1887

Abstract

In the 15 years since the discovery of hepatitis C virus (HCV), much has been learned about its role as a major causative agent of human liver disease and its ability to persist in the face of host-cell defences and the immune system. This review describes what is known about the diversity of HCV, the current classification of HCV genotypes within the family and how this genetic diversity contributes to its pathogenesis. On one hand, diversification of HCV has been constrained by its intimate adaptation to its host. Despite the >30 % nucleotide sequence divergence between genotypes, HCV variants nevertheless remain remarkably similar in their transmission dynamics, persistence and disease development. Nowhere is this more evident than in the evolutionary conservation of numerous evasion methods to counteract the cell's innate antiviral defence pathways; this series of highly complex virus–host interactions may represent key components in establishing its ‘ecological niche’ in the human liver. On the other hand, the mutability and large population size of HCV enables it to respond very rapidly to new selection pressures, manifested by immune-driven changes in T- and B-cell epitopes that are encountered on transmission between individuals with different antigen-recognition repertoires. If human immunodeficiency virus type 1 is a precedent, future therapies that target virus protease or polymerase enzymes may also select very rapidly for antiviral-resistant mutants. These contrasting aspects of conservatism and adaptability provide a fascinating paradigm in which to explore the complex selection pressures that underlie the evolution of HCV and other persistent viruses.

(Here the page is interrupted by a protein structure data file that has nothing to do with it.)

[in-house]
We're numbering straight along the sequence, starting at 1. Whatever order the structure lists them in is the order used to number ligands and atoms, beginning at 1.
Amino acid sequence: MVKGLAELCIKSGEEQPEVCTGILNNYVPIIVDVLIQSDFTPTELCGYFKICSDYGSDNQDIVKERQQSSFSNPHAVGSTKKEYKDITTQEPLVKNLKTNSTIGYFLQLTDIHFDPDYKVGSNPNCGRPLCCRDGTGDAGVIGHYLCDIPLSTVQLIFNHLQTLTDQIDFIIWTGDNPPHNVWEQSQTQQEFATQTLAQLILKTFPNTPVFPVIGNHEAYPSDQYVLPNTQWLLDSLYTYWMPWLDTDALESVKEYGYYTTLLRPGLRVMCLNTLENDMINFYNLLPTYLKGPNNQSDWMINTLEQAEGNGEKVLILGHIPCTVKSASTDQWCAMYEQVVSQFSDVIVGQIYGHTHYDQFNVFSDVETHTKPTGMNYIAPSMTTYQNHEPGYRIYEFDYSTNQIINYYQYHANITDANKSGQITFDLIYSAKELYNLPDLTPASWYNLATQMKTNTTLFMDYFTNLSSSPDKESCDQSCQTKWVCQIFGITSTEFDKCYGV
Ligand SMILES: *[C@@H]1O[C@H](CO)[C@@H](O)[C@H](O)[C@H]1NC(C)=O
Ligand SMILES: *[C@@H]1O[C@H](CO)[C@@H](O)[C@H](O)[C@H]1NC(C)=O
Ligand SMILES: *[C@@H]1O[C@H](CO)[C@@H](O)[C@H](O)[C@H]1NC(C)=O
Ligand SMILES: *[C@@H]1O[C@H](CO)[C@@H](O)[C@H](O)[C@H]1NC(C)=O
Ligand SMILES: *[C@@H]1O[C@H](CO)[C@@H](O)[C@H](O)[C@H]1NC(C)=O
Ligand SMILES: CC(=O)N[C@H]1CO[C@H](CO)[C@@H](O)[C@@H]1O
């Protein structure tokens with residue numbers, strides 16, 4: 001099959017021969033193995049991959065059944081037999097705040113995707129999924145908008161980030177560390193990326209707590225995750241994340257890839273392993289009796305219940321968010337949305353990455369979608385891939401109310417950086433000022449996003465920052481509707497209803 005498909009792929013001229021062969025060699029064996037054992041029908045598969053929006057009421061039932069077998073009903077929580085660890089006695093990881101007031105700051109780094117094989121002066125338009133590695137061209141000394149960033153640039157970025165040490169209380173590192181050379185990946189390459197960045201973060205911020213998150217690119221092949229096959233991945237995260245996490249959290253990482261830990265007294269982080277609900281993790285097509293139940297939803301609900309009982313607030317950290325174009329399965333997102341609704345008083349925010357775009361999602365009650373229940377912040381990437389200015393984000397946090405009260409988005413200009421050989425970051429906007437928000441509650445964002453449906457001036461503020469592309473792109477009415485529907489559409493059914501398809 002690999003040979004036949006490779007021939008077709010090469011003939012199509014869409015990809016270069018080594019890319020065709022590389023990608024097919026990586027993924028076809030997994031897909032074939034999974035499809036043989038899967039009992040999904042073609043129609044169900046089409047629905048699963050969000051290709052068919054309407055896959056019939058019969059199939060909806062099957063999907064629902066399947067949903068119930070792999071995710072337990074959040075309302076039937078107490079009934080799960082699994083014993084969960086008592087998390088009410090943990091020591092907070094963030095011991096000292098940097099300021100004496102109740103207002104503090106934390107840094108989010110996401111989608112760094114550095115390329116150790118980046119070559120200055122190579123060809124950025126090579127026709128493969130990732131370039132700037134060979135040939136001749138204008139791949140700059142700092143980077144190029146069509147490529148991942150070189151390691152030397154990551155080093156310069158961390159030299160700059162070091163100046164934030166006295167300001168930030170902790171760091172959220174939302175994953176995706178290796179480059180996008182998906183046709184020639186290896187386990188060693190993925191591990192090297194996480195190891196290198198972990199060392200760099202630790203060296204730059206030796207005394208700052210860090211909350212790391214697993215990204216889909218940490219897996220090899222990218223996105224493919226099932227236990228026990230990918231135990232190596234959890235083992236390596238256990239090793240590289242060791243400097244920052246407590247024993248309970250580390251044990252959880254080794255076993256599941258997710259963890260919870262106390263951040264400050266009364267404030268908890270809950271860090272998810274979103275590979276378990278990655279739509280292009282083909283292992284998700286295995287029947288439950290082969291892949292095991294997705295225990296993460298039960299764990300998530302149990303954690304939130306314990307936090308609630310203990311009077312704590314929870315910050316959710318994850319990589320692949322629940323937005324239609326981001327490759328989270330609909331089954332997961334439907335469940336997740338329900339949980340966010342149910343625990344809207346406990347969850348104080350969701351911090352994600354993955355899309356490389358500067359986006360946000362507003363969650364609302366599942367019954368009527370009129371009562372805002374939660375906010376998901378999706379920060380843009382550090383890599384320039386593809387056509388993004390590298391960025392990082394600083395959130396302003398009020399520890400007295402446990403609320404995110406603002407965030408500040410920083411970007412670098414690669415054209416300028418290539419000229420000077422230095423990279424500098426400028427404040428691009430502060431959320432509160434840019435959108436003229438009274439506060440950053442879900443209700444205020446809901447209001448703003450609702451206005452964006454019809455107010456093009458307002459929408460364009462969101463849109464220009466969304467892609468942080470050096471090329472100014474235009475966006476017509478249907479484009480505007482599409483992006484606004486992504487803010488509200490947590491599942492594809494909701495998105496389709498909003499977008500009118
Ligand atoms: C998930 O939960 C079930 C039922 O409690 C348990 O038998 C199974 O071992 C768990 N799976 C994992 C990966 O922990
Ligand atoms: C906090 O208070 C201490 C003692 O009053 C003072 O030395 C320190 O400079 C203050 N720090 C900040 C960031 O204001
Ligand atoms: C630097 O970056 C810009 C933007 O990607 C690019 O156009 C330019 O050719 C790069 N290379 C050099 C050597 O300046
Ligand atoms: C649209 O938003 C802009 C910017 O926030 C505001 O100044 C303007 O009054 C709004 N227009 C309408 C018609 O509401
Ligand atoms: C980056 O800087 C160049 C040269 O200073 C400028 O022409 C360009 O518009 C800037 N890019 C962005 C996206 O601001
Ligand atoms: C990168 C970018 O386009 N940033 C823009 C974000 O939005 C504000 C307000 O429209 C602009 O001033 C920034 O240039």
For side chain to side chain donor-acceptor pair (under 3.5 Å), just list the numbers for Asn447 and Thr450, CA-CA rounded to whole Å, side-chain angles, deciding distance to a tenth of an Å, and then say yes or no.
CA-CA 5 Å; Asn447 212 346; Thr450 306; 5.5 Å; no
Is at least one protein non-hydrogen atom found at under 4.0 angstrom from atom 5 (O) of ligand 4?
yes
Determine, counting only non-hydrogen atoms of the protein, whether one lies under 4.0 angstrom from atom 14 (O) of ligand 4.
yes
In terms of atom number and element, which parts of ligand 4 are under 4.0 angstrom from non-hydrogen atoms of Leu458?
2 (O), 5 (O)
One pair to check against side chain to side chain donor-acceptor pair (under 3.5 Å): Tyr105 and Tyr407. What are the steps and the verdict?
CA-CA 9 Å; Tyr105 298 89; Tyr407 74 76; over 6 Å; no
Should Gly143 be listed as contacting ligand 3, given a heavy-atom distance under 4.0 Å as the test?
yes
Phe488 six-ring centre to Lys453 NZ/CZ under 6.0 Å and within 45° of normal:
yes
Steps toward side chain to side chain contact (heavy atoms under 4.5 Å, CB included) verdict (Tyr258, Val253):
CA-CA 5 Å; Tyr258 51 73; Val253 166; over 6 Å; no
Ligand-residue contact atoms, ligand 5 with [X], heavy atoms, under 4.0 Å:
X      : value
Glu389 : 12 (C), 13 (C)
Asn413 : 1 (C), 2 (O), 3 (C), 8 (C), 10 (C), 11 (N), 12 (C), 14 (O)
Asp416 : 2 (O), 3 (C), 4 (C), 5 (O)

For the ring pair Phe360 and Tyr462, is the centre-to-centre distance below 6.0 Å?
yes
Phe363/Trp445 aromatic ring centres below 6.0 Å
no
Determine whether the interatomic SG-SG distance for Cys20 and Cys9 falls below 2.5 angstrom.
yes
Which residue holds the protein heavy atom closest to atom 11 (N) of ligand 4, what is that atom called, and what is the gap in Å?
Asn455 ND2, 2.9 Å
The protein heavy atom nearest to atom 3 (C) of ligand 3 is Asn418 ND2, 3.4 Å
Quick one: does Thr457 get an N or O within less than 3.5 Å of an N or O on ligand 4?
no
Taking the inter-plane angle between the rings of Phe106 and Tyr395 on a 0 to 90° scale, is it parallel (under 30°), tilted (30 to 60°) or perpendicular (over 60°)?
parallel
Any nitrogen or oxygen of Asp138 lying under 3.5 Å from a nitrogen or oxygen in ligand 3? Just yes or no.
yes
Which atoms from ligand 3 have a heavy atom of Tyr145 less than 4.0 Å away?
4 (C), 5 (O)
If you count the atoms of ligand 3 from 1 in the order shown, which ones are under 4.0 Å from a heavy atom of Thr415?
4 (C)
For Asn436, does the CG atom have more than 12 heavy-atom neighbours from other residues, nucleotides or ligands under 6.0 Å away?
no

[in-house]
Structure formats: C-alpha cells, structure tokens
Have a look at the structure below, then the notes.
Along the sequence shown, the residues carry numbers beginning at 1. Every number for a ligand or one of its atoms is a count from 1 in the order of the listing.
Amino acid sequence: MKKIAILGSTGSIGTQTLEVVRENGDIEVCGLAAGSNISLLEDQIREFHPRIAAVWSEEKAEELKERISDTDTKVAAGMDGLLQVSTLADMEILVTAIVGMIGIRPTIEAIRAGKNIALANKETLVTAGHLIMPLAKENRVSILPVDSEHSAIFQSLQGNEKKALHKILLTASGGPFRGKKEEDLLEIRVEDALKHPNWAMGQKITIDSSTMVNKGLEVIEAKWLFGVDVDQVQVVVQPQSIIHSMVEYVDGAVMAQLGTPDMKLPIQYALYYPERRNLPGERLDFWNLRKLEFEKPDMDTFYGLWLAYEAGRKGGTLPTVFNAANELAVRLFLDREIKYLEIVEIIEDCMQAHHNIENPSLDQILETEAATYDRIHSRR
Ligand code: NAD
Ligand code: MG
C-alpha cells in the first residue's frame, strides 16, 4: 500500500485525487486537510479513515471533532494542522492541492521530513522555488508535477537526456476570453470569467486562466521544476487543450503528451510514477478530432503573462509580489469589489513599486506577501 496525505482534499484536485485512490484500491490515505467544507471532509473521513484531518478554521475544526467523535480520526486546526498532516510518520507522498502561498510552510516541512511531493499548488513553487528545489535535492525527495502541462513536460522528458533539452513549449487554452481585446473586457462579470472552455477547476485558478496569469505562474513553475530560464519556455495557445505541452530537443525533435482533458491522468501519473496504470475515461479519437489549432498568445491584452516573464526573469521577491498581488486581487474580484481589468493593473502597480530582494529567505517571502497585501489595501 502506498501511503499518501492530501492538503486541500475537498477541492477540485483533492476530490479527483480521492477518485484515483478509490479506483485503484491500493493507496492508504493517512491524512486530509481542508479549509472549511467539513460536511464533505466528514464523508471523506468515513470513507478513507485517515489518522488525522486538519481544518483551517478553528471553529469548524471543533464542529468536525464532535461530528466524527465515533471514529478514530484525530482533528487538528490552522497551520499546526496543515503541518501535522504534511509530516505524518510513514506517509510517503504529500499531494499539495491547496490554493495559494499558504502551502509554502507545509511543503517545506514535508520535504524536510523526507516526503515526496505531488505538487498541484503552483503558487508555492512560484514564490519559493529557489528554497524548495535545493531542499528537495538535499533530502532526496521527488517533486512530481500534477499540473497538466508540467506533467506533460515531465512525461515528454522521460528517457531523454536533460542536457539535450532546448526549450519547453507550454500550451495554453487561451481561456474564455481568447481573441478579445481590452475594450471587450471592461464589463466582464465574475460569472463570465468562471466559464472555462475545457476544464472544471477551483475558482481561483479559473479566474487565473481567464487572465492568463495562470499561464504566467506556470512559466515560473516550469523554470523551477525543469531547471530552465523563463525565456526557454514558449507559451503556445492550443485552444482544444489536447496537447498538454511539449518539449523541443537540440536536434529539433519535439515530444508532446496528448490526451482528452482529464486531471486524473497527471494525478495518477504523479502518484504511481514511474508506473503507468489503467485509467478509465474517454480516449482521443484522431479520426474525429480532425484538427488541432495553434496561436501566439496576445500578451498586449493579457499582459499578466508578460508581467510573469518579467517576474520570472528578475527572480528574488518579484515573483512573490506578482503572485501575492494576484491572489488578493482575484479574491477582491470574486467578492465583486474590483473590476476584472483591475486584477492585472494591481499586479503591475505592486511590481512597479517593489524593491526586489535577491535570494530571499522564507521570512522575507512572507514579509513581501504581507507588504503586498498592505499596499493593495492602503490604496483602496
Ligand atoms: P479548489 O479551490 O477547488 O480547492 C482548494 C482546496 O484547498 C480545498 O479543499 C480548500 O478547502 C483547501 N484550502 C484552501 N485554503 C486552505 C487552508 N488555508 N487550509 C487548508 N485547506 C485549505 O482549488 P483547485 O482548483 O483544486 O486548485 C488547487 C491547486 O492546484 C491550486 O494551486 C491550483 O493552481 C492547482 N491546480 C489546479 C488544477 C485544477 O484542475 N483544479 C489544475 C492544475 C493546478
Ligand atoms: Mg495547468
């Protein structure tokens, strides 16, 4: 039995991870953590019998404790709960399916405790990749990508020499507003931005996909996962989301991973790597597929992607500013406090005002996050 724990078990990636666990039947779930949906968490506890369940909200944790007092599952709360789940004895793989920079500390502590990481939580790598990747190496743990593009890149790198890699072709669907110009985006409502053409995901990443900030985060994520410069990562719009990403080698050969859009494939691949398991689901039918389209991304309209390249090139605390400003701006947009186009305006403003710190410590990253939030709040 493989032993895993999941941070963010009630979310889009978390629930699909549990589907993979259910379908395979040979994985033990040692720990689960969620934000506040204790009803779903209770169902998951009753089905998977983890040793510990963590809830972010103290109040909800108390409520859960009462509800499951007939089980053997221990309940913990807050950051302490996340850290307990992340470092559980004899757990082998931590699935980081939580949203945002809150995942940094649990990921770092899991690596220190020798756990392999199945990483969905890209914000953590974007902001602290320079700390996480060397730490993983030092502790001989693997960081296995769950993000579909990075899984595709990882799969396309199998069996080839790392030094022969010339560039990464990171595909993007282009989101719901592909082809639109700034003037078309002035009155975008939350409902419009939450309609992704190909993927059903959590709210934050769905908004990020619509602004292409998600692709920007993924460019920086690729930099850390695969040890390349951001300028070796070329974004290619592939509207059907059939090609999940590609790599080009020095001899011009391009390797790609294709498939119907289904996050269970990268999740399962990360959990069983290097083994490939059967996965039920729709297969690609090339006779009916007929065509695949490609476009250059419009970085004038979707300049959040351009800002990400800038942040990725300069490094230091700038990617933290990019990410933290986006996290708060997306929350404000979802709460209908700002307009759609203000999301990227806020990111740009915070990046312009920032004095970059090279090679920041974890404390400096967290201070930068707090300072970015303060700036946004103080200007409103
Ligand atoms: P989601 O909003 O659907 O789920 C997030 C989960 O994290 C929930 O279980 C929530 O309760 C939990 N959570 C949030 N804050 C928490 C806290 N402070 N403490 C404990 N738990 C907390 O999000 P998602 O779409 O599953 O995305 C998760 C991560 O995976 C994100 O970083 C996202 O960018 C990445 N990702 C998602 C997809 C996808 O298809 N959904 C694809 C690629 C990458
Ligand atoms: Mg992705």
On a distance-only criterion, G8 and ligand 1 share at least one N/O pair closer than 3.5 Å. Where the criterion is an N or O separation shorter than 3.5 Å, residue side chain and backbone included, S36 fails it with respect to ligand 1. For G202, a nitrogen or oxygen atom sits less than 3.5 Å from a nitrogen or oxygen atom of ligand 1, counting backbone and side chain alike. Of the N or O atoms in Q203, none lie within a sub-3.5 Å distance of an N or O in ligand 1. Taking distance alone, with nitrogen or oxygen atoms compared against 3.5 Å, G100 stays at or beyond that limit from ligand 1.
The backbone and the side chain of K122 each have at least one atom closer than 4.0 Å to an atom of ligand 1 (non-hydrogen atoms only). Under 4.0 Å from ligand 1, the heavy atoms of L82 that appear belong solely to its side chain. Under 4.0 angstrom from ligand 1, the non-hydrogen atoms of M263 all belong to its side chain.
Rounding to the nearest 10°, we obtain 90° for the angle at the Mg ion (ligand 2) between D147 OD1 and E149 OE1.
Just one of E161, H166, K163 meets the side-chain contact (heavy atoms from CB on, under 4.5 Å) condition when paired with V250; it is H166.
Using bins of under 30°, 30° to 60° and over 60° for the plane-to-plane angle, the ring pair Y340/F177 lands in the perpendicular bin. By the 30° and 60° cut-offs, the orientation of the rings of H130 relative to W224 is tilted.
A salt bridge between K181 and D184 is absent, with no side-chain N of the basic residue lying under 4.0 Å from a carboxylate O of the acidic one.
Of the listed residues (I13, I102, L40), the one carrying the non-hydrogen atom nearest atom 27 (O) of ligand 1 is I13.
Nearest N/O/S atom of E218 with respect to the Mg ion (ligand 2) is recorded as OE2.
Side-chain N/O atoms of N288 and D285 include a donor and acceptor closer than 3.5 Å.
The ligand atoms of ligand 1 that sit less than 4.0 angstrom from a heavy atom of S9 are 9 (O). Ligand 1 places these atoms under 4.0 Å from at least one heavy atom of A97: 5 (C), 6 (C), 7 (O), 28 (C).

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2004-11-01
2019-12-11
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